Inito, a Bengaluru-based medical technology startup, is gearing up to sell its Fertility Monitor in the US after having secured approval by the US Food and Drug Administration (FDA).
“We are very proud of the fact that we have built something that is of a global standard and meets all the norms set out by the FDA. We are not just building for India, but building for the world from India,” Aayush Rai, co-founder of Inito, told indianexpress.com over a call.
So what does the US FDA approval imply for Inito? Rai explains they have got a class one approval, which is granted for devices with the lowest risks, though this still requires the company to showcase its clinical trials data, pass all manufacturing requirements and other stringent norms set by the US regulator.
Further, usability studies need to show that Inito is safe and accurate considering this is a home-based user testing product.
“We’re in the process of setting up the operations in the US, now that we have the approval. It’s not just about the product operation and customer support but we also need to meet regulatory standards in the US. For example, in the US warehouse we will need the right temperature controls, given we are using medical devices,” he said, adding that the company was setting up its US supply chain and operations in anticipation of the launch. Inito has been selling in India since 2018 after getting the Central Drugs Standard Control Organisation(CDSCO) clearance.
Entirely manufactured and designed in India, the Inito smart fertility monitor can connect to a user’s smartphone via the Android or iOS app and give them a clearer picture of the most fertile days for couples struggling to conceive. Unlike regular ovulation strips, Inito combines testing for both estrogen and Luteinizing Hormone (LH). Most regular ovulation testing kits will just look at LH levels as a rise in these usually indicates the onset of ovulation. The monitor connects to Inito’s app and can measure both estrogen and LH to showcase the fertility window for couples. The app claims to show a fertility window of six days, ranging from low, peak to high fertility, unlike the plain and simple tests which just indicate the presence of LH on the strip which is dipped in urine.
“This data across these days is very important for accuracy. Being smart is what differentiates us. With this data, a lot more insights are possible for the user. For example, someone might be trying to conceive but they might not know they have PCOD. Trends from our app could help indicate that,” Rai points out.
Infertility is a growing concern in India, especially in urban areas as many choose to marry late and conceive late. The Indian Society of Assisted Reproduction (ISAR) estimates that 10-14 per cent couples in the country are facing fertility issues, a number that is expected to rise.
Inito currently sells its monitor along with the strips on Amazon in India. While Bangalore is their biggest market, 60% of their revenue is from other tier one cities and they are seeing more growth in tier-2 and tier-3 cities as well. “Bangalore is the biggest one because it’s an early adopter market, people are very aware and educated. Since we started focusing on creating education around the product, our sales are actually really growing fast in tier-2 and tier 3,” he added. One particular area where the product does very well is North-East, according to Rai.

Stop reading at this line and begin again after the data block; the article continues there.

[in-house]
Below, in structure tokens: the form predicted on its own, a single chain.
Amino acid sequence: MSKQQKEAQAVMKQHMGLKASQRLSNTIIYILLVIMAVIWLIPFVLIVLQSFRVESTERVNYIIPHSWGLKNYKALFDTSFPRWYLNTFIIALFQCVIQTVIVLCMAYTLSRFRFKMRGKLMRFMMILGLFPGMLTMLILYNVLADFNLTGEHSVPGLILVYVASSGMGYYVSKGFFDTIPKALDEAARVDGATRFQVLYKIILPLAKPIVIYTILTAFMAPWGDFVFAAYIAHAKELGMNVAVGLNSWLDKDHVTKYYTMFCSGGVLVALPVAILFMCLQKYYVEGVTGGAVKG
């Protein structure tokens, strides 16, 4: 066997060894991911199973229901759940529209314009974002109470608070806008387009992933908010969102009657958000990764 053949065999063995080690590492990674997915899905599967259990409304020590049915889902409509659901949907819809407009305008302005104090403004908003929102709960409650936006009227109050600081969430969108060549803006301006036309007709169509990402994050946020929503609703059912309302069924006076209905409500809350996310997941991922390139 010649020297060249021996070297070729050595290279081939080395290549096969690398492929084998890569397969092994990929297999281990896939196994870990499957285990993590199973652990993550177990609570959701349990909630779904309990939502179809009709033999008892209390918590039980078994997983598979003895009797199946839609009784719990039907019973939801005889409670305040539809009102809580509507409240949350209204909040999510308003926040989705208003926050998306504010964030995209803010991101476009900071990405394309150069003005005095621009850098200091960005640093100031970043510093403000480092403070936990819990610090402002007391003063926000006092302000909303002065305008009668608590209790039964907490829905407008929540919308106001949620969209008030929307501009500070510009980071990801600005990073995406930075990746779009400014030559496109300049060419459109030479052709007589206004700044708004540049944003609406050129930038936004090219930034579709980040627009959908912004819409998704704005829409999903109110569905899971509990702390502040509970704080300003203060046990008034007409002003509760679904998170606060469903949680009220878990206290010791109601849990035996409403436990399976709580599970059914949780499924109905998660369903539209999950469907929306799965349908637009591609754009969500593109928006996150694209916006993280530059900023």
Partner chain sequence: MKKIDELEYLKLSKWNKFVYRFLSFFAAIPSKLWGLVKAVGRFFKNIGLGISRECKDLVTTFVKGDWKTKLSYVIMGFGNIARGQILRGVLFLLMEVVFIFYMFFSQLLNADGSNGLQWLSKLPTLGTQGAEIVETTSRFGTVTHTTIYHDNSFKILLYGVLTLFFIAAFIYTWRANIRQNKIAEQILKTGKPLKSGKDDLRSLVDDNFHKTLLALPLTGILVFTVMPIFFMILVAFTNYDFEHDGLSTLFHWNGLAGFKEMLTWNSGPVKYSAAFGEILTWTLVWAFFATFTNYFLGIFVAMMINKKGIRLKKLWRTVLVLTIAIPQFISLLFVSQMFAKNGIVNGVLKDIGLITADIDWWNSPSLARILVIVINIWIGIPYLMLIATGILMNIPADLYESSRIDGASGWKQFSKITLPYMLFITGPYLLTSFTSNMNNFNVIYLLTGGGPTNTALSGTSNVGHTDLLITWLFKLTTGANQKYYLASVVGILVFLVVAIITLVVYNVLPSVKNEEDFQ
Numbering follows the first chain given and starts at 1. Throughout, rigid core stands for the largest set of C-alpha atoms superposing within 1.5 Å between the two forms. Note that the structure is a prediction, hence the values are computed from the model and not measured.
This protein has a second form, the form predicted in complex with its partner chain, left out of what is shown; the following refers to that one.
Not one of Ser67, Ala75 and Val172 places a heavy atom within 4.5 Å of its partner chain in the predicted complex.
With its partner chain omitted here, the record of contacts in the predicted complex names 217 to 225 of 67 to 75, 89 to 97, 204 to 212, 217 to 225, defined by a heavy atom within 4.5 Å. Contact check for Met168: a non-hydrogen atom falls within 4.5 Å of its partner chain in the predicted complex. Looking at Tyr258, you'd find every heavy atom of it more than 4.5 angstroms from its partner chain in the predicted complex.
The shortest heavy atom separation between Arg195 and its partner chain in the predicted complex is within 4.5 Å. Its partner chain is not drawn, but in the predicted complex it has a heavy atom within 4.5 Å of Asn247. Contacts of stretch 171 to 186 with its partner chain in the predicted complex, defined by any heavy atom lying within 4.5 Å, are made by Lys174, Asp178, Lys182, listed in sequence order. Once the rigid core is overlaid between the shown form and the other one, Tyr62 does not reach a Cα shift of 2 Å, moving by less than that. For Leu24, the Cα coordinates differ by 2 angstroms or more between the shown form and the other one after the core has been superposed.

In India, though, the biggest challenge in getting word about their product out is education. “This is a topic, which faces an education deficit given the subject is taboo. We need to tell people about these devices. We have discovered that actually long-form videos work best with our educational content. That’s why our focus right now is basically creating high quality content on fertility in regional languages with YouTube as the major platform,” he explained.
For Inito, the other challenge is dealing with the user based errors because they can be unpredictable. “Really that’s the biggest difference between a home device and a lab device. For example, people will not dip the strip in urine for 15 seconds, but only five seconds. The fix to this problem is not to give a wrong value, but detect all the errors and see if something is wrong,” he points out. For example, if you don’t take a strip and dip it for 15 seconds in the urine sample, the app does not give you a zero, it says the strip was not dipped for the right amount of time. If you use an expired strip, the app shows a message saying so.
Inito has plans to add more tests, both in the fertility space and beyond it.
“Immediately after this for fertility, we are launching progesterone and FSH. One is to complete the fertility spectrum.There’s actually no test in the world that does both. We have already done all the trials, etc. We are just waiting to just finish, and launch it very soon,” Rai said.
The company also wants to focus on adding blood tests for thyroid, vitamin D, testosterone and HBa1c. “The idea of Inito is to be the single device that everyone in the family can use. They will have different strips to it, but Inito could be the single reader,” he explained.
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